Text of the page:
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Foreign Direct Investment in Asia: The Catch-Up Game

This is the first story in a weeklong series on topics related to China.

Japan is one of the largest investors in the world and in Asia. Its international investment position remains hugely positive, thanks in part to the country’s substantial stock of overseas foreign direct investments (ODI) in the world, but there are signs that Japanese investment in the region could be slowing.

And on the flipside, the recent decline in Chinese ODI notwithstanding, Chinese investment in the region is expected to increase, given the manner in which China is leapfrogging its way up global value chains.

ODI flows from Japan to the world reached $168.6 billion in 2017, according to figures compiled by the Japan External Trade Organization (JETRO), slightly below 2016’s level of $173.9 billion. While this makes Japan a significant source of outward investment, it also constitutes a deceleration relative to the levels observed in 2016. Preliminary figures released by JETRO suggest that Japanese ODI to the world reached $37.6 billion in the first three months of 2018. While higher than China, it puts ODI figures on track to achieve a modest—by Japanese levels—$150 billion in 2018.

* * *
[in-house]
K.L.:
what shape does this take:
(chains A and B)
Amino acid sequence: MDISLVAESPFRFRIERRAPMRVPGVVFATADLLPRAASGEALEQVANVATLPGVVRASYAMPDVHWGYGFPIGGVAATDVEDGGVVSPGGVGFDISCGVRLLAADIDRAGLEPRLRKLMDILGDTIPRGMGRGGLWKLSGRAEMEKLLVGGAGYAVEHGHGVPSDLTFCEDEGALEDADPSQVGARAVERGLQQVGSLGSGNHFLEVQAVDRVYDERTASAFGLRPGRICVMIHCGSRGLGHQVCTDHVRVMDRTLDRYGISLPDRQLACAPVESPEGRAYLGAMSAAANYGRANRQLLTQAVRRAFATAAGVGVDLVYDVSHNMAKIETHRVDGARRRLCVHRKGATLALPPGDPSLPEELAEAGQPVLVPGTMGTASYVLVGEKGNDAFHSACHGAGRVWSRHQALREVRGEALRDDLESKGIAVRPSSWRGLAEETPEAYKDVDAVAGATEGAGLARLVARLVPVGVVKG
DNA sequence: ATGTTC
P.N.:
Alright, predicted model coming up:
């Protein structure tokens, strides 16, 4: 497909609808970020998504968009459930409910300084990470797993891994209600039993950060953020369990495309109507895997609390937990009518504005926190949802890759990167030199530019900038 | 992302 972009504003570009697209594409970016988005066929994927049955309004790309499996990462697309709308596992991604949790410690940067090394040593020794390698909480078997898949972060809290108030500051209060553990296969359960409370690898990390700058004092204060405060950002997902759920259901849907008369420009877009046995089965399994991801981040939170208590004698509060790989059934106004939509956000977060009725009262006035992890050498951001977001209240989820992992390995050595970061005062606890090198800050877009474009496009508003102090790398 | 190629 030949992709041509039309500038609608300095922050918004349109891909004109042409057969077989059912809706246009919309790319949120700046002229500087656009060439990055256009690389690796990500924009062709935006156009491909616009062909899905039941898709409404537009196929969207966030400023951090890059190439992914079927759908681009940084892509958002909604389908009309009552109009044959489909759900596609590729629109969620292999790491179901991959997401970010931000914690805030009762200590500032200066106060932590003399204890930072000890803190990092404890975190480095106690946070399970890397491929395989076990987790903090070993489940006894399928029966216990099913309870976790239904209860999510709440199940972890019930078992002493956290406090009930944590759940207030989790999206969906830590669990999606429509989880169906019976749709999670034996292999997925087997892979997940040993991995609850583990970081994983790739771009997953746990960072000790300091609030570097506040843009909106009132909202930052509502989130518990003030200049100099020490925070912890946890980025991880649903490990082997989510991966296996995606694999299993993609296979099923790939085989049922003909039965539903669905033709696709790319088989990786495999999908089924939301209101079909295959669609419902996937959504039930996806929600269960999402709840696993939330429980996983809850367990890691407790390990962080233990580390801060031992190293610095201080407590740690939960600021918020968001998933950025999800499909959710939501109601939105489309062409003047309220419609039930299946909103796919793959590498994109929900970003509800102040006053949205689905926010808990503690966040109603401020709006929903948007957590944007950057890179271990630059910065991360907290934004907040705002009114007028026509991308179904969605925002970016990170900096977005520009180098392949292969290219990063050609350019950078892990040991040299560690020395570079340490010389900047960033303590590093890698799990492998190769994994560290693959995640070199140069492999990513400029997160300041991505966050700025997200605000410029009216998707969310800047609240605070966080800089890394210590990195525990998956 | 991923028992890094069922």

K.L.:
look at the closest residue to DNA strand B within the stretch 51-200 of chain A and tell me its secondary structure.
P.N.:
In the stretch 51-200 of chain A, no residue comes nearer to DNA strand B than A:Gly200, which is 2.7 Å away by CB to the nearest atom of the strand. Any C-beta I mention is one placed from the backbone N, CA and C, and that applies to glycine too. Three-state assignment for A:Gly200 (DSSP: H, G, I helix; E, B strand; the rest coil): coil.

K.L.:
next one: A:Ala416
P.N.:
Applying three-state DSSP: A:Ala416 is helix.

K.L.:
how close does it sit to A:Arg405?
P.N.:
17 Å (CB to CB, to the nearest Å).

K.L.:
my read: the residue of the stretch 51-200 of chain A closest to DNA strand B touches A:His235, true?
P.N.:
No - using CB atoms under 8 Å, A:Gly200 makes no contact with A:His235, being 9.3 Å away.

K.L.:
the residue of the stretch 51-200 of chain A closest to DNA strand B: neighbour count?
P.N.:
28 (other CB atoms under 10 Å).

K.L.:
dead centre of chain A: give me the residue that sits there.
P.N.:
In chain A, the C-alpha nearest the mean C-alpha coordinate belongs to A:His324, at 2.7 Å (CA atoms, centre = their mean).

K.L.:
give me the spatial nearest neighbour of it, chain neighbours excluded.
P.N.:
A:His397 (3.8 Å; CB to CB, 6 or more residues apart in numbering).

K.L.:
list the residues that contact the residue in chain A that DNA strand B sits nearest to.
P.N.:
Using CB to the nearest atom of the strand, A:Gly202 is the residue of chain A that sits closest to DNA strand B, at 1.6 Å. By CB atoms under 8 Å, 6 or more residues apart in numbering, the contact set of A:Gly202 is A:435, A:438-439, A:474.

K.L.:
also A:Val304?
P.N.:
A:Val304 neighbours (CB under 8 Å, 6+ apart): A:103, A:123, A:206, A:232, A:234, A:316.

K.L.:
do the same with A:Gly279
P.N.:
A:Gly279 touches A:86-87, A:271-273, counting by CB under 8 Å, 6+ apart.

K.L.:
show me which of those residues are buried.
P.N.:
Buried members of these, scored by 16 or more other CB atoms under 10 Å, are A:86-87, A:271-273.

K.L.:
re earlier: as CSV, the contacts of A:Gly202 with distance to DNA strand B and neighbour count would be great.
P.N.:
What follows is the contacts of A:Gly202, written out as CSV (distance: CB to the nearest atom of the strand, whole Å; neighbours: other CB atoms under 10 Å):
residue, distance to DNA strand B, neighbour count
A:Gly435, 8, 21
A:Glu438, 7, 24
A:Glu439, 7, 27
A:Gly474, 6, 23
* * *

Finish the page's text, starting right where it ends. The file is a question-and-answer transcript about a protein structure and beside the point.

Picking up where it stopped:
Can Japan manage to remain at the forefront of the investment game? For this, we need to turn to Asia. The region is not Japan’s main ODI destination (the U.S. is, followed by Europe), but it plays a strategic role as it has experienced very fast rates of foreign direct investment inflows in the past years. Asia also remains China’s largest ODI destination. This is where the battle for dominance between these two Asian giants will be fought.

Japanese Investment Fated To Slow Going Forward?

Currently, Japanese investment is larger than that of China in terms of stocks and flows. Japan’s ODI stocks, representing the accumulation of ODI flows in the 10 largest economies in Asia excluding China, reached $259 billion in 2016, while Chinese ODI stocks in the same countries only reached $58.3 billion. Our calculations exclude investments to Hong Kong, which, representing 60 percent of China’s total ODI flows, acts primarily as an offshore intermediary of funds between China and the world. China hasn’t released updated figures for 2017 yet, but we expect the gap to have widened in 2017, on the back of a steep decline in Chinese ODI.